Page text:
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Walmart shares 'real-time' picture of diversity, inclusion in the workplace

Walmart (WMT), the nation's largest private employer, will start sharing its internal diversity stats twice a year instead of annually, in the midst of a searing national debate over equality.

In its first-ever mid-year diversity and inclusion (D&I) report covering fiscal years 2019 through 2021 year-to-date, the company has seen a 7.42% increase in management-to-management promotions for people of color. That cohort of employees now accounts for 44.6% of those promotions this year, according to Walmart data.

Elsewhere, the company also posted a 2.97% increase in officers of color, with 24.89% of those officer roles held by people of color. The company also saw a 2.2% increase in U.S. people of color new hires, now comprising 55.03% of new hires.

The objective is to provide a more “real-time” picture of the retailer's progress, Walmart's chief people officer Donna Morris told Yahoo Finance in a telephone interview.

The company’s move takes place against a backdrop of roiling social change sparked by the death of George Floyd at the hands of Minnesota police earlier this year, something Morris mentioned as partly motivating Walmart’s need to “really increase our transparency” and to bolster corporate accountability.

As the country’s biggest employer, “we felt we needed to do our part in a number of ways. One was to make sure we continued making progress on representation," Morris told Yahoo Finance.

"We want to make sure that in these reports we highlight progress and also highlight areas where we are going to continue to focus on improvement," Morris added.

‘Growth throughout our pipeline’

Walmart employees pledge at a Walmart U.S. associates meeting in Fayetteville, Arkansas June 4, 2014. The meeting was part of Walmart's annual shareholder meeting.   REUTERS/Rick Wilking (UNITED STATES - Tags: BUSINESS)
Walmart employees pledge at a Walmart U.S. associates meeting in Fayetteville, Arkansas June 4, 2014. The meeting was part of Walmart's annual shareholder meeting. REUTERS/Rick Wilking (UNITED STATES - Tags: BUSINESS)

Of the company's total U.S. workforce, 54.92% are women, with 25.69% being women of color. Of the U.S.-based hourly associates, 55.66% are women, while 26.38% are women of color.

Women account for 45.71% of management roles in the U.S., while women of color hold 17.1% of those positions. The company's officer positions are held by 30.9% women, yet women of color have only 7.31% of those roles, the report shows.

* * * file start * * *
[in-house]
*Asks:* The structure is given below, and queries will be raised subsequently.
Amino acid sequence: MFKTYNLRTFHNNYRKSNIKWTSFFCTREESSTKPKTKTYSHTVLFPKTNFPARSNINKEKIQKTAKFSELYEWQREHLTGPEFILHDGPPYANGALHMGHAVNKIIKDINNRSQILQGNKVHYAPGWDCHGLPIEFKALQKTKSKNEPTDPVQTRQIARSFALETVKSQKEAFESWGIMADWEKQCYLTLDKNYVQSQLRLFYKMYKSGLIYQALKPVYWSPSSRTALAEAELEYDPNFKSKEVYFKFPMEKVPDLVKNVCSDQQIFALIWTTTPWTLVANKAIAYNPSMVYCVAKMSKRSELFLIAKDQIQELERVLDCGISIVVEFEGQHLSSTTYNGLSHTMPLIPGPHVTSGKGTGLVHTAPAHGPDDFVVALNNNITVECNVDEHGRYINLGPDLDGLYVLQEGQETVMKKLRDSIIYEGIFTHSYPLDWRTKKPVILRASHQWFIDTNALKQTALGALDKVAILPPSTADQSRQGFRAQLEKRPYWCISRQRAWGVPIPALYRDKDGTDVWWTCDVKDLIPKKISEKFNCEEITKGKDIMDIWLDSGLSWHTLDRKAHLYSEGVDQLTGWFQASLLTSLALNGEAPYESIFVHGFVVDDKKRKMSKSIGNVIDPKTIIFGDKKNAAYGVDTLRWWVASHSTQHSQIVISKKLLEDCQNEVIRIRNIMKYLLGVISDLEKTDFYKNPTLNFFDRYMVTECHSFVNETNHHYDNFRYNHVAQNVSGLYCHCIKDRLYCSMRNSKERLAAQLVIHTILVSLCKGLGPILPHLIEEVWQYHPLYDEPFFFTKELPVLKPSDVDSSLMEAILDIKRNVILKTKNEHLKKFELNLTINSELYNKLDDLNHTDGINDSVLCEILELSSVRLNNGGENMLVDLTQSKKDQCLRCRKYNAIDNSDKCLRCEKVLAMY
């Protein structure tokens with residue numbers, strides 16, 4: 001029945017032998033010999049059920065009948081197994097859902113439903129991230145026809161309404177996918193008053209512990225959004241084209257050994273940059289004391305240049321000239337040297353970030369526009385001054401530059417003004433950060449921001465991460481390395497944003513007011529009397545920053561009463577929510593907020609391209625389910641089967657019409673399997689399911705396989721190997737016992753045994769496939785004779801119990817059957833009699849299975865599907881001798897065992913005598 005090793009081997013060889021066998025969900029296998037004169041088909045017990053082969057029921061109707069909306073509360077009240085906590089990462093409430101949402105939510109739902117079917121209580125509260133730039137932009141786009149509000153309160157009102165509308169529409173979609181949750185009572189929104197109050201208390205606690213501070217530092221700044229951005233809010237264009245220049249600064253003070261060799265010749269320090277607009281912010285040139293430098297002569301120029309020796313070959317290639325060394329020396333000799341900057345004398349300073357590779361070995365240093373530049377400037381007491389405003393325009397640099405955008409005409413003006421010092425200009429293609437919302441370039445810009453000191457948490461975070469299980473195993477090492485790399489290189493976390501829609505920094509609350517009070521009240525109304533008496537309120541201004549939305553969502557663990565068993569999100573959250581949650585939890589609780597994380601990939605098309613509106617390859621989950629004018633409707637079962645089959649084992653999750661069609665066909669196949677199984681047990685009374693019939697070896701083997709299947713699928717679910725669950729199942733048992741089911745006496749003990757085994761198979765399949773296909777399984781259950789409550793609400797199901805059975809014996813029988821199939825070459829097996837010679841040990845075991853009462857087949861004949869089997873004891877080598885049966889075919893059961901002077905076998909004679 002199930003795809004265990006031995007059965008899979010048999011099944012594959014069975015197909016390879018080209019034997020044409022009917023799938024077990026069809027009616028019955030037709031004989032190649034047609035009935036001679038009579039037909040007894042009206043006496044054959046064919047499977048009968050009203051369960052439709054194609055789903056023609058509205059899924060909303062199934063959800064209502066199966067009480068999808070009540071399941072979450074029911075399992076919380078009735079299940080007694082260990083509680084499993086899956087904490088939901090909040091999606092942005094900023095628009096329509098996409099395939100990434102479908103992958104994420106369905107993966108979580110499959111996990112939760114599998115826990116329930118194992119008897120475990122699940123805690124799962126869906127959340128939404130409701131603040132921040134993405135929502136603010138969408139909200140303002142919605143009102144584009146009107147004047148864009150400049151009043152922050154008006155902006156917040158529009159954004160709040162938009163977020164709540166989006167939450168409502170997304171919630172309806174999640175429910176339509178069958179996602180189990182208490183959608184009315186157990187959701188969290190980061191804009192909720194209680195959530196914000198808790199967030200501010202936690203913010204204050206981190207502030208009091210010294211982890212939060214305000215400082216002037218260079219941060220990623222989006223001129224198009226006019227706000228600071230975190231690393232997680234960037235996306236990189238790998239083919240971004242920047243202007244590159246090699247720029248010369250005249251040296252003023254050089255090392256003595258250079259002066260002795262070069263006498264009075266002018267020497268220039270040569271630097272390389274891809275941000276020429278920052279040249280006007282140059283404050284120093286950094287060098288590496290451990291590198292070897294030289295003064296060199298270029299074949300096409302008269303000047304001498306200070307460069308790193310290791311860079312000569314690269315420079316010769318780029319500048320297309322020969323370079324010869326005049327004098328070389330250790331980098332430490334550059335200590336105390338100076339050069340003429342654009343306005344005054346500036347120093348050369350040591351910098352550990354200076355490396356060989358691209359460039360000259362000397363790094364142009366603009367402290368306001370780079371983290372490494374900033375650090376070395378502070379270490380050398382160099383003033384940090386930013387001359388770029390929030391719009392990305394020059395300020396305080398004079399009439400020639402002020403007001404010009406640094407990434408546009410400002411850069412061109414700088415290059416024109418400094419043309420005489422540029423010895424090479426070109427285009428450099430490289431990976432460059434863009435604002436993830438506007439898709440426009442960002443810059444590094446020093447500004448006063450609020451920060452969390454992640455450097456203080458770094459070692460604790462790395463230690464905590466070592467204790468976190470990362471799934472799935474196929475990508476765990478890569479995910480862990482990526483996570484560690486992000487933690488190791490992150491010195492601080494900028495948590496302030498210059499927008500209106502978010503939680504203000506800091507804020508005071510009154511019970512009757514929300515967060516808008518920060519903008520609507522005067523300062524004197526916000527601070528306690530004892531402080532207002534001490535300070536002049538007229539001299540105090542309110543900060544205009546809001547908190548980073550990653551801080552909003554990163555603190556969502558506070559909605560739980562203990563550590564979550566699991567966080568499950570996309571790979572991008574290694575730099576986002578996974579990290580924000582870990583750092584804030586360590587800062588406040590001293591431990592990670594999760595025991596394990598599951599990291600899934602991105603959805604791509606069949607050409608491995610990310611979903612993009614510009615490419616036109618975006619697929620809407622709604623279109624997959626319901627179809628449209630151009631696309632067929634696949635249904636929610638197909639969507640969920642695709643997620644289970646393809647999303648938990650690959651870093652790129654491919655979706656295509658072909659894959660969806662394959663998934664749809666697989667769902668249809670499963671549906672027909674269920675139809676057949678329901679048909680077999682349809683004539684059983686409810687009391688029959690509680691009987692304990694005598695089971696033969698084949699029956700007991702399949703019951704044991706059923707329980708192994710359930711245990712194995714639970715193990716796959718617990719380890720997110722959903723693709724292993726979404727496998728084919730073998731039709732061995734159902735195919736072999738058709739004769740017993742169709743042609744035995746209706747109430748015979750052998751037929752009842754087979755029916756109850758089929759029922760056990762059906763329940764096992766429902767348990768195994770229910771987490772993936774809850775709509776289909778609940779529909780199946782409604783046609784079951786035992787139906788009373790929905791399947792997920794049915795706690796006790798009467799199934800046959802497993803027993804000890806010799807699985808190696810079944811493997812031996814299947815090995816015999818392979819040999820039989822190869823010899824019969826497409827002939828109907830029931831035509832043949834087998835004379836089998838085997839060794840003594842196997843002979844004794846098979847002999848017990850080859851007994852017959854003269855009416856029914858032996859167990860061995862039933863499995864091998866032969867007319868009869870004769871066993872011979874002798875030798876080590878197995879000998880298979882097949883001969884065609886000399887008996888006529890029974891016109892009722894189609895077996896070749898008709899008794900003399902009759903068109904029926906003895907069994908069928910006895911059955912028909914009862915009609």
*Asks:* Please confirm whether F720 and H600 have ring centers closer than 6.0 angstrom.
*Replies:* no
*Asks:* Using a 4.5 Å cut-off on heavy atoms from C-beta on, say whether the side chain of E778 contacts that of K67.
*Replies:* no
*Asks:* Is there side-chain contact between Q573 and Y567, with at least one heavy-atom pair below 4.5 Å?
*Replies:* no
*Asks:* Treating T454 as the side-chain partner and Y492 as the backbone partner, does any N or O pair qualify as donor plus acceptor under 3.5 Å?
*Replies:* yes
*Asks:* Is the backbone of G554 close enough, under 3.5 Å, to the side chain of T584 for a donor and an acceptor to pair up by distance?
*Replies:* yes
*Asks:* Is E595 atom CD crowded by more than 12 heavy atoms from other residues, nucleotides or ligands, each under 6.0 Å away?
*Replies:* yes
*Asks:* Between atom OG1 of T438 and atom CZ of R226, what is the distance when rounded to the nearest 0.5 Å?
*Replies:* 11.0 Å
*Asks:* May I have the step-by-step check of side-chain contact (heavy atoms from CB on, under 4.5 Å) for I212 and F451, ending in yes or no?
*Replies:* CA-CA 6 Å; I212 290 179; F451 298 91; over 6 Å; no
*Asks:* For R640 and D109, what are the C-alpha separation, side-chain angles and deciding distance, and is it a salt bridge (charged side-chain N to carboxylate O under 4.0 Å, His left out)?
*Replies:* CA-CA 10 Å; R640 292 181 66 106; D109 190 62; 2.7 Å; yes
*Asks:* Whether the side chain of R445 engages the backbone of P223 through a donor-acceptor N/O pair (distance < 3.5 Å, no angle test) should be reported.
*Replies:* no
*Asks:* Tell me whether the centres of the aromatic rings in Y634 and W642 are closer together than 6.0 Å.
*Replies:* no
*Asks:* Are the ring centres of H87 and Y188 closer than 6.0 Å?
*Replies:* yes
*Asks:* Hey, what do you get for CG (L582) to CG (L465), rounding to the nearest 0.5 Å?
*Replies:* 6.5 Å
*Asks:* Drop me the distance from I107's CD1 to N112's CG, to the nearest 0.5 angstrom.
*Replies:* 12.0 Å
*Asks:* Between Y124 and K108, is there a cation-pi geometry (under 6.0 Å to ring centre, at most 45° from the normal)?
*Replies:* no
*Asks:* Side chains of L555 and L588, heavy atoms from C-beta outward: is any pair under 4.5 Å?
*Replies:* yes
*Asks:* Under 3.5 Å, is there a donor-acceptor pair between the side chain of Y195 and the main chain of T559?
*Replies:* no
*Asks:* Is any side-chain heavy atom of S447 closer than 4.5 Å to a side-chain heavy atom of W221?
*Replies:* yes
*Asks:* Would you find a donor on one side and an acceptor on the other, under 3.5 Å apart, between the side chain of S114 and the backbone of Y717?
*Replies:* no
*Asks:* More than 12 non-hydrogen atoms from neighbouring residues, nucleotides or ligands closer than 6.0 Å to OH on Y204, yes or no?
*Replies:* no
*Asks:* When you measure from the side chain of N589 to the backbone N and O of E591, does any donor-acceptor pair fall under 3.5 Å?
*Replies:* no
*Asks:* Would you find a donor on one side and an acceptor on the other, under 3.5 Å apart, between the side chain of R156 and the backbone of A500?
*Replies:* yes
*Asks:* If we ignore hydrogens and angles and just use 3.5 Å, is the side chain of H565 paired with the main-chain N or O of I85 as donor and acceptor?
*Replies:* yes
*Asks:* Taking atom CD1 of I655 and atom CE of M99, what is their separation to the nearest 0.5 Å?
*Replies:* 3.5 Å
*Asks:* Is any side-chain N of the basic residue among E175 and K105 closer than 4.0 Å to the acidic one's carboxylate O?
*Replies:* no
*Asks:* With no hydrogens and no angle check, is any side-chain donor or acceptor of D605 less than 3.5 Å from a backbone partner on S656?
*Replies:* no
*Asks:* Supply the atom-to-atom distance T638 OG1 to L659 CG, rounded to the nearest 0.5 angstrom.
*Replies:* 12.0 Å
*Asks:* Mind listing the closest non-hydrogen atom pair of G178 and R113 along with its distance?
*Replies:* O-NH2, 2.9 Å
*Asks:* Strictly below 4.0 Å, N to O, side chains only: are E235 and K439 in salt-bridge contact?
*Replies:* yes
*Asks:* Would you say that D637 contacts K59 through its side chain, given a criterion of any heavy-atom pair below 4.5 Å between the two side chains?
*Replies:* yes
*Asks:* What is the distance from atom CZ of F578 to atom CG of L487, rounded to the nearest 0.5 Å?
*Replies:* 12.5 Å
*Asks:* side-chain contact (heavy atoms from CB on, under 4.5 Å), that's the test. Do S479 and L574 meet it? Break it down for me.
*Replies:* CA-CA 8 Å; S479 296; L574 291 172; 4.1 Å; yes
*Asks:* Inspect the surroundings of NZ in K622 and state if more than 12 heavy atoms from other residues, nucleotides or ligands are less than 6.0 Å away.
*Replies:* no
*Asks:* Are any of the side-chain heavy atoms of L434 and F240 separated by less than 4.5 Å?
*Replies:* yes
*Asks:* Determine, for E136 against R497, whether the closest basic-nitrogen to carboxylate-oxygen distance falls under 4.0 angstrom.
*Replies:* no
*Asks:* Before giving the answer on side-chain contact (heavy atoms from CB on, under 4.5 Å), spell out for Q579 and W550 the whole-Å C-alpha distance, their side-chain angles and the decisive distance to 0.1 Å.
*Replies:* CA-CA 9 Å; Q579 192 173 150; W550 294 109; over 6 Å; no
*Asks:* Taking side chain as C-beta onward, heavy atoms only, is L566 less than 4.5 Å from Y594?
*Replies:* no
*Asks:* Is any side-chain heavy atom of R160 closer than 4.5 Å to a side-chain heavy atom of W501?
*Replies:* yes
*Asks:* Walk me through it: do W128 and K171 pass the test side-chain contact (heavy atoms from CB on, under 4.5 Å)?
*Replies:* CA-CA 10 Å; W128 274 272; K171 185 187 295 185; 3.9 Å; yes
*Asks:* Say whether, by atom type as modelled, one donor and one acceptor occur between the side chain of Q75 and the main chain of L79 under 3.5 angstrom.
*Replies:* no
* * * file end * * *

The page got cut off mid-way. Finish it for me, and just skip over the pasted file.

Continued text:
"What we really want to see progress is growth throughout our pipeline,” Morris said, underscoring a desire to promote more Black, African American and Hispanic associates.

“We also have continued work to do on women and making sure that whether I speak of people of color or women, that we are really growing them within Walmart and that we are retaining them," Morris added.

One of the company's recent initiatives is a recently-implemented hiring protocol where Walmart posts all open positions at or below the vice president level internally.

"In the past, we didn't necessarily post all of our positions. We've made a very deliberate change. We are now posting all of our positions, making sure people see all of our opportunities," the executive said.

She added that the company now requires diverse interview teams and diverse candidate slates for open positions, a protocol in place for office roles in recent years.

"We are not moving forward unless we have diverse interview teams and diverse slates," Morris added.

She explained that when the company implemented that diversity protocol for hiring officers, Walmart "started to see a great improvement in terms of representation at the officer level, both in terms of women but also in terms of people of color."

In doing so, Morris cited the company getting “traction in top leadership positions” that would lead to broad-based improvement.

“It's too early for us to say if it's moving the needle because we just stood up those broadband practices over the last few months,” she said, “but directionally, if we take what we have seen at the officer level, we firmly believe that's going to help move the needle for us."

According to Morris, one of the drivers to creating more diversity in leadership starts at the entry-level. More than 75% of store management and management began at the company as hourly associates, a highly diverse segment of its workforce in which Walmart invests heavily.

"We actually see if we can take that hourly workforce, our hourly associates, and we can truly focus on retention and development, then Walmart will absolutely be a place for opportunity for everyone, and we'll be more diverse in the future than we are today,” she added.

Elsewhere, the company now requires top leadership to participate in two-day racial equity training workshops through the Racial Equity Institutes. The company is also offering all employees broad-based, self-paced, race and inclusion training.

 Julia La Roche is a Correspondent for Yahoo Finance. Follow her on Twitter